The below snippet from my ~/.bash_aliases should illustrate my feelings towards systemd-resolved:
$ grep resolved ~/.bash_aliases alias fuck-resolved='sudo systemctl restart systemd-resolved'
For the longest time, I’ve put up with the pain-in-my-ass that is systemd-resolved and the constant issues that it has given me (not to mention the time spent troubleshooting various issues). Today, I intend to resolve my issues once and for all.
There are a ton of “guides” already on the internet (a google search for “disable systemd-resolved” has 179,000 results at the time of writing this).
The blog post My War on Systemd-resolved is a good, quick read and gives some ideas on why the google search results differ ever-so-slightly from each other (but please don’t follow his proposed solution).
Like the above post, I intend to shut down systemd-resolved permanently, and document how (for Ubuntu 18.04 at least).
First up is disabling the systemd-resolved service.
Easy enough using systemctl:
$ sudo systemctl disable systemd-resolved $ sudo systemctl stop systemd-resolved
Next, we’ll remove the existing “/etc/resolv.conf” file, which is currently a symbolic link to “/run/systemd/resolve/stub-resolv.conf”:
$ ls /etc/resolv.conf -al lrwxrwxrwx 1 root root 39 Jun 16 2018 /etc/resolv.conf -> ../run/systemd/resolve/stub-resolv.conf $ sudo rm /etc/resolv.conf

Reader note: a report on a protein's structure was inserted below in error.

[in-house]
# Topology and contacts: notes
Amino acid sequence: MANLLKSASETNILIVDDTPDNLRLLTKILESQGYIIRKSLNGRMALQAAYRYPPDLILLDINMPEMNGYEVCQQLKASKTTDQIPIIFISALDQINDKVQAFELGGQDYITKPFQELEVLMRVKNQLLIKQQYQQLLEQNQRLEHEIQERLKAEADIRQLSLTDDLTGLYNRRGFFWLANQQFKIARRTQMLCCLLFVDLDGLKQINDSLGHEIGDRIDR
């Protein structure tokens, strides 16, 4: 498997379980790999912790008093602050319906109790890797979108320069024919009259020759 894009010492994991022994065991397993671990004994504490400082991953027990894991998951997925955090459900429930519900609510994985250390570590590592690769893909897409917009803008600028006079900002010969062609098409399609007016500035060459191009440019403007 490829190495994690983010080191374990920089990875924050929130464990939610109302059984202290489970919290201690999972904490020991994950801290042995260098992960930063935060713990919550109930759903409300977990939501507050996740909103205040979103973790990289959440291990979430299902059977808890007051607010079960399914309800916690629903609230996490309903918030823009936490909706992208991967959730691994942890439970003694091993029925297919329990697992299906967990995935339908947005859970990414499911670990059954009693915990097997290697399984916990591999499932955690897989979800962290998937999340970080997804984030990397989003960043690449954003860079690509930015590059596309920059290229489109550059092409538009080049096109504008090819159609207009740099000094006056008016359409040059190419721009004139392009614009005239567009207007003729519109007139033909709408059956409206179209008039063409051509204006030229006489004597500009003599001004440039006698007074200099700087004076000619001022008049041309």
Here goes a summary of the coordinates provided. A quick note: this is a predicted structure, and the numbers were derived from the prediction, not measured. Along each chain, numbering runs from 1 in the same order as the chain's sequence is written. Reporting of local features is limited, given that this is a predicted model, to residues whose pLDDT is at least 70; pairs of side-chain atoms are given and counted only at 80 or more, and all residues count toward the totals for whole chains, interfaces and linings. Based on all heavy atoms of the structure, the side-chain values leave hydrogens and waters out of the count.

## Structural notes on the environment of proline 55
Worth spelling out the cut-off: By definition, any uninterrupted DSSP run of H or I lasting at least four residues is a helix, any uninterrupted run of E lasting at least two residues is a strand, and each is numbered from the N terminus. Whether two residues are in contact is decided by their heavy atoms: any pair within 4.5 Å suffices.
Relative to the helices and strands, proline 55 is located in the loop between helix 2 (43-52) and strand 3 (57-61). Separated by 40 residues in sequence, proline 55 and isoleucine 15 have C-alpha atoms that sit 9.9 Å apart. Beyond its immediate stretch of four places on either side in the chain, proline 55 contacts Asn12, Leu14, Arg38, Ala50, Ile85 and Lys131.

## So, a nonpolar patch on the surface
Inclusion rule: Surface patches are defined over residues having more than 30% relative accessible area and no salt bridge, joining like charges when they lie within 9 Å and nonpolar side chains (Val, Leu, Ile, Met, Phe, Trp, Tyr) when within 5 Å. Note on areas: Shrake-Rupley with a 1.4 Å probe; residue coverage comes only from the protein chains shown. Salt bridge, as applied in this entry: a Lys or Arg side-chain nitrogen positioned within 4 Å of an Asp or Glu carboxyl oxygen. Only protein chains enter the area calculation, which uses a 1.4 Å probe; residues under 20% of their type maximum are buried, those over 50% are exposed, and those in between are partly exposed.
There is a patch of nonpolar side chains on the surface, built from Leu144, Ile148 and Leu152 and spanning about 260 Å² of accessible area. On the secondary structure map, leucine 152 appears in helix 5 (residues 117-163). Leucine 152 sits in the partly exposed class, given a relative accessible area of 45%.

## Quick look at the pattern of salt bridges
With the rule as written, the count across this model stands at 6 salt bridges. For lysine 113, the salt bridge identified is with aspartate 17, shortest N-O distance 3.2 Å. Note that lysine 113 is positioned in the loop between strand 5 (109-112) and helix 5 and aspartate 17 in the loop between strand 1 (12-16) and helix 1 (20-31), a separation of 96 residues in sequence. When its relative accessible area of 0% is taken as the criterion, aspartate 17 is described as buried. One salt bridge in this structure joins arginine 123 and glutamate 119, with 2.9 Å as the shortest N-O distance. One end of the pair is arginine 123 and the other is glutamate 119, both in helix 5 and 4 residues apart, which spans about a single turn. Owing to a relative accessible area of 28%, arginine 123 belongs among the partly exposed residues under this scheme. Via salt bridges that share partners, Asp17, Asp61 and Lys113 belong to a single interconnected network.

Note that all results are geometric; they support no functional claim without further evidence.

There are now two paths you can take to configure your DNS, depending on whether you receive your DNS configuration via DHCP or not.
If you do, then we’ll configure NetworkManager to look after the “/etc/resolv.conf” file.
If you don’t, then simply configure this file statically yourself and you’re good to go.
If you want to use the settings given out via DHCP, we need to reconfigure NetworkManager so that it starts to set this for us.
This is as simple as editing the file “/etc/NetworkManager/NetworkManager.conf” and setting (or adding, if not already present) the
rc-manager keys under the
[main] section, as below:
[main] dns=default rc-manager=resolvconf
Then we’ll restart NetworkManager so that it’ll create us a new “/etc/resolv.conf” file:
sudo systemctl restart network-manager
We can now verify that the new configuration has been picked up by checking the contents of “/etc/resolv.conf”:
$ cat /etc/resolv.conf # Generated by NetworkManager search example.com nameserver 192.168.0.1 nameserver 192.168.0.2
If you’re not receiving DNS settings over DHCP, or you want to have manual control over this, then you can skip the NetworkManager configuration and simply start manually configuring the “/etc/resolv.conf” file yourself.
My War on Systemd-resolved
Disabling systemd-resolvd service on Ubuntu systems
AskUbuntu - How do I disable systemd-resolved and replace with something sane on Ubuntu 18?
How to correctly disable systemd-resolved on Ubuntu 18.04
Desktop Machine: kubuntu-18.04.3